See ‘The Art of Coordinating Care’ publication for a detailed framework on delivering a service user-focused, strengths-based, bureaucracy-busting approach to real practice. It has been developed as a reflection of what good practice looks like, but will challenge all practitioners to step up to the mark to deliver values-based personalised services based on working with people’s strengths. Failure to do this leads to the alternative… the more usual current situation of an over-regulated system driven by the need to satisfy the politicians and public that if anything goes wrong ‘it will never happen again’. What the current system can ensure will never happen again is the enjoyment and creativity fuelled by the passion of people who want to make a positive contribution to service users lives.

Feel free to add your own comment about any issues raised above.

“Bureaucracy destroys initiative. There is little that bureaucrats hate more than innovation, especially innovation that produces better results than the old routines. Improvements always make those at the top of the heap look inept. Who enjoys appearing inept?” [Frank Herbert].

Strengths-Based Practice

OMOpen Mind was a fabulous social care focused magazine for which I published a number of articles between 2000-2012. The following article was first published in OpenMind 126, Mar/Apr 2004) and was reproduced with their kind permission on my website at Practice Based Evidence.

It remains just as pertinent to practice today as it ever was, so I provide the link here to the strengths-based article. It focuses on the importance of principles, and the need to change the focus of our language in health and social care services to ‘go beyond  the alphabet of negativity’…

http://practicebasedevidence.squarespace.com/storage/pdfs/OpenMind-StrengthsBasedPractise.pdf

Podcast Episode 030: Age of experience

TheStrengthsRevolution_albumart_2-2One of the main challenges of the widely recognised ageing population is how we tap into the deep well of resources in older people, as well as identifying more resources in order to support older people with specific needs.

This episode will explore the idea of ‘care capital’ from the perspective of contributing through voluntary work. An emphais is placed on the baby boomer generation, with a wealth of skills and talents alongside a desire to contribute something back into society.

What do others gain from our charitable contributions? The flip side of that coin is that we also gain enormously from making contributions of time and effort; not least the protective factors that come from structured physical and psychological activity. There are a multitude of opportunities in local communities, but our more flexible way of thinking about work should also be reflected in more flexible ways in which we may be able to shape our voluntary contributions, so that we tap into the strengths of the many. A good neighbour befriending scheme is identified as one personal example.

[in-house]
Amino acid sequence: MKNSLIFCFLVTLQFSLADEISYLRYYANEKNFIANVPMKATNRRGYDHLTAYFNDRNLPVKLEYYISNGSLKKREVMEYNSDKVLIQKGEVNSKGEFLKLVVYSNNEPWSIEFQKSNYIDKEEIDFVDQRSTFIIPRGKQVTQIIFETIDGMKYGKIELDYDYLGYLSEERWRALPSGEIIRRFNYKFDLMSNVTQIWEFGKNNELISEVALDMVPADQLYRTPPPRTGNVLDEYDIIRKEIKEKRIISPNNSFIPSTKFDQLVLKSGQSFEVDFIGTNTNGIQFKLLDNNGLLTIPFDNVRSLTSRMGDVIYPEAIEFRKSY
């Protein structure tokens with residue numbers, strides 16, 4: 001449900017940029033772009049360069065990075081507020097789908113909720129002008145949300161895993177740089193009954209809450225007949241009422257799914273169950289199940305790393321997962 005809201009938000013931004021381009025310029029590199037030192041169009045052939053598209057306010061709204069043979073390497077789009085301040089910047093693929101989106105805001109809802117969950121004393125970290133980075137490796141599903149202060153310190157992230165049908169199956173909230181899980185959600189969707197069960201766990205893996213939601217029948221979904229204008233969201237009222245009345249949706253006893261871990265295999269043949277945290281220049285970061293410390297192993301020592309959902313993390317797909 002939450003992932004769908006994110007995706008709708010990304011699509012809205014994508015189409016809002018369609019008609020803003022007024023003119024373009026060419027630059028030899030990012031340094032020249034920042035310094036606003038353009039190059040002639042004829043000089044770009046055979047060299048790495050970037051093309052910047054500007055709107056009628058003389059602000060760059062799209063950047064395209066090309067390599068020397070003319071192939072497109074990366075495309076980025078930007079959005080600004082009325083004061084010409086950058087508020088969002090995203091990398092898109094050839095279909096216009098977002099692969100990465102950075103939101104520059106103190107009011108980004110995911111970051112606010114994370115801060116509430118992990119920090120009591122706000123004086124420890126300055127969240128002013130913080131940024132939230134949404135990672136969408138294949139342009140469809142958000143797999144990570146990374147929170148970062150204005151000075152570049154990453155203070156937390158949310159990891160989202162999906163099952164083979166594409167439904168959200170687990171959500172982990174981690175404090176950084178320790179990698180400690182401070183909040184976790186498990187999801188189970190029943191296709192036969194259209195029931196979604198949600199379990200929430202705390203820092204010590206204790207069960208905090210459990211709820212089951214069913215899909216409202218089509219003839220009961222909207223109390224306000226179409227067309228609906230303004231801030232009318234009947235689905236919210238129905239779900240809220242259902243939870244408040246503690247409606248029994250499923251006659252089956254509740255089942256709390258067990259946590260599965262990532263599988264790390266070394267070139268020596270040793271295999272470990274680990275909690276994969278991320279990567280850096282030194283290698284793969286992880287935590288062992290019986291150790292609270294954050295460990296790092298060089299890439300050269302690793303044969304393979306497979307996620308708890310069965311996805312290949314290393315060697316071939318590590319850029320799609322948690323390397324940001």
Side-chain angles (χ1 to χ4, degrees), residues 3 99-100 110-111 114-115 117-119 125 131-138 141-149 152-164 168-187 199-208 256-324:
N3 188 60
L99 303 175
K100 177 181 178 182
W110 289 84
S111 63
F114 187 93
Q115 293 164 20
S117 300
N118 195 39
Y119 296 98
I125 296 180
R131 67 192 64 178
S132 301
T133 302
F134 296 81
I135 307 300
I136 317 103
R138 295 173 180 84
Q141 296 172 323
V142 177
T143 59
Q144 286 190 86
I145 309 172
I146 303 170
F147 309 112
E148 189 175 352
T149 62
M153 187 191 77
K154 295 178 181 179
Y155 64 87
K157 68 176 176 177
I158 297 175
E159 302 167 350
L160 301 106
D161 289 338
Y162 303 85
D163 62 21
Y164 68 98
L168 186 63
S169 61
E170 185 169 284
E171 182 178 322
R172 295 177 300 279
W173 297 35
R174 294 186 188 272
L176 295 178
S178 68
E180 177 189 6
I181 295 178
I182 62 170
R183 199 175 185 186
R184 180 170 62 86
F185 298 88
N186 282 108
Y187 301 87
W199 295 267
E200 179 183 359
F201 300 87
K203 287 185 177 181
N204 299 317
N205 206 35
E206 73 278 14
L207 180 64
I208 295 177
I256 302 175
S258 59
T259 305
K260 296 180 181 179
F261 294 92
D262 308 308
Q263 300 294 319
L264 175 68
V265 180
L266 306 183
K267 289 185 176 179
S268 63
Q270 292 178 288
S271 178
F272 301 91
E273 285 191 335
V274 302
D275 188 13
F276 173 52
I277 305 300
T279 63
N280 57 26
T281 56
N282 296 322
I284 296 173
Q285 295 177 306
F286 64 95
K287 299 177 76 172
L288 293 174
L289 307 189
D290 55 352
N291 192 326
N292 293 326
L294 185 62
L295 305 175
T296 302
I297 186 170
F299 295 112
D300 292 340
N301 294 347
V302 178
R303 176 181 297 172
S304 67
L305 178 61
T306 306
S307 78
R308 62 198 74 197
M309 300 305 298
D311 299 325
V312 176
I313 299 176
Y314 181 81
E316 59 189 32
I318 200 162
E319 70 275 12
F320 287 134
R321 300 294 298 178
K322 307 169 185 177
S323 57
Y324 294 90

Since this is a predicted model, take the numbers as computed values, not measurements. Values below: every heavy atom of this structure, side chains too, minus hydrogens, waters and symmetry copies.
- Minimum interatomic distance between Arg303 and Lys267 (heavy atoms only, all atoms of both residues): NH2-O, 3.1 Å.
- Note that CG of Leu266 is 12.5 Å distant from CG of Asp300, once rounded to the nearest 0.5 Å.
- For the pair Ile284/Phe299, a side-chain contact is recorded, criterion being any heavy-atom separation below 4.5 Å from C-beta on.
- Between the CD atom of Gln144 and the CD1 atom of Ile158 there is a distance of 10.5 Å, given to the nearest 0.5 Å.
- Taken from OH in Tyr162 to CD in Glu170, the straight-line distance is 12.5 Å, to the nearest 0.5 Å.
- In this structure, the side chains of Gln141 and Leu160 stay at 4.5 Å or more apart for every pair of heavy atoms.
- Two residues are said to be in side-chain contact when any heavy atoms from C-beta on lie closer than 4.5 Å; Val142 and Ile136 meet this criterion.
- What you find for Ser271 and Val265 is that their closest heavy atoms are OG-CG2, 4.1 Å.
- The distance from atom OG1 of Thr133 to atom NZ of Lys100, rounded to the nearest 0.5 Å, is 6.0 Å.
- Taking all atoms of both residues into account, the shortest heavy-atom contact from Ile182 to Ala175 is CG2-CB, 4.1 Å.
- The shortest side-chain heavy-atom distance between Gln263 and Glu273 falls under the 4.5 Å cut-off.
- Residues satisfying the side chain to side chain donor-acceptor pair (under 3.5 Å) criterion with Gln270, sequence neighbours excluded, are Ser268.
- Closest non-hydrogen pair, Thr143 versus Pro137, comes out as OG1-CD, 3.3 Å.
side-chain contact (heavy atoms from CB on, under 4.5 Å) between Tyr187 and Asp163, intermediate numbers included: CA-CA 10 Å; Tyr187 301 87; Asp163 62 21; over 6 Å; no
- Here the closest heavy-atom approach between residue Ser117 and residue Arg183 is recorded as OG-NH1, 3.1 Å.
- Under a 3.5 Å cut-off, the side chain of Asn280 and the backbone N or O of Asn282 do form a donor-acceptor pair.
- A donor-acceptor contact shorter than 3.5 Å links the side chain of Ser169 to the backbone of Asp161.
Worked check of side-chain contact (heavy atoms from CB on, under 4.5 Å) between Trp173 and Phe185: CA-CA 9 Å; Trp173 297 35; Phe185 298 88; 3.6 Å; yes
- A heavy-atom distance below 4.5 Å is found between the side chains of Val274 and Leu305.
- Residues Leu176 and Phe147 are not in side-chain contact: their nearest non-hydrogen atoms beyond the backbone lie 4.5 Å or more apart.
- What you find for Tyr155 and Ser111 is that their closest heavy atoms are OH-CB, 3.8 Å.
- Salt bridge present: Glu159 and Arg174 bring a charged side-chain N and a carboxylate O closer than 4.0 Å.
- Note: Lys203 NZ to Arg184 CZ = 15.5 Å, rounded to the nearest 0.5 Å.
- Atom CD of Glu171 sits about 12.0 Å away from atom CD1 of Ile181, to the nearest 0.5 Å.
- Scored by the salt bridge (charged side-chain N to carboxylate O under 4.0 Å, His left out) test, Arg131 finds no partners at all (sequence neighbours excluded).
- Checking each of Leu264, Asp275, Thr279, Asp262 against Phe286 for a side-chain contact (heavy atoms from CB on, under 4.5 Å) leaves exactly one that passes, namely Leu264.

For the full content of this episode click on the links to iTunes and Sound Cloud (or go to Stitcher Radio):

https://itunes.apple.com/gb/podcast/strengths-revolution-steve/id867043694

https://itunes.apple.com/gb/podcast/030-age-of-experience/id867043694?i=320358977&mt=2

“Age is an issue of mind over matter. If you don’t mind, it doesn’t matter.” [Mark Twain].

Podcast Episode 023: Wanda Rusiecki Interview Part 2

TheStrengthsRevolution_albumart_2-2In this second part of the interview Wanda Rusiecki talks about the work she does as a case manager with specific service users, ‘getting on the healthy side’ and supporting people to exercise more control over their own lives. She recognises the real reasons behind the cynacism and mistrust that some people come with, and how the focus on the conversation and humble listening helps to create a different experience of services for many people.

The issue of ‘time’ is discussed; it is the service user’s time, so we need to ask how they want to make best use of it, rather than succumbing only to systems needs that serve more bureaucratic requirements. Helping people to search for satisfaction also brings greater satisfaction in the work for practitioners.

Wanda also reflects on working alongside the criminal justice system through court order treatment, the importance of integrating mental and physical health care to be truly holistic, and the role for peer services employing service users to tap into their experience and talents.

For the full content of this episode click on the links to iTunes and Sound Cloud (or go to Stitcher Radio):

https://itunes.apple.com/gb/podcast/strengths-revolution-steve/id867043694

https://itunes.apple.com/gb/podcast/023-wanda-rusiecki-interview/id867043694?i=318839498&mt=2

https://soundcloud.com/stevemorgan57/023-wanda-rusiecki-interview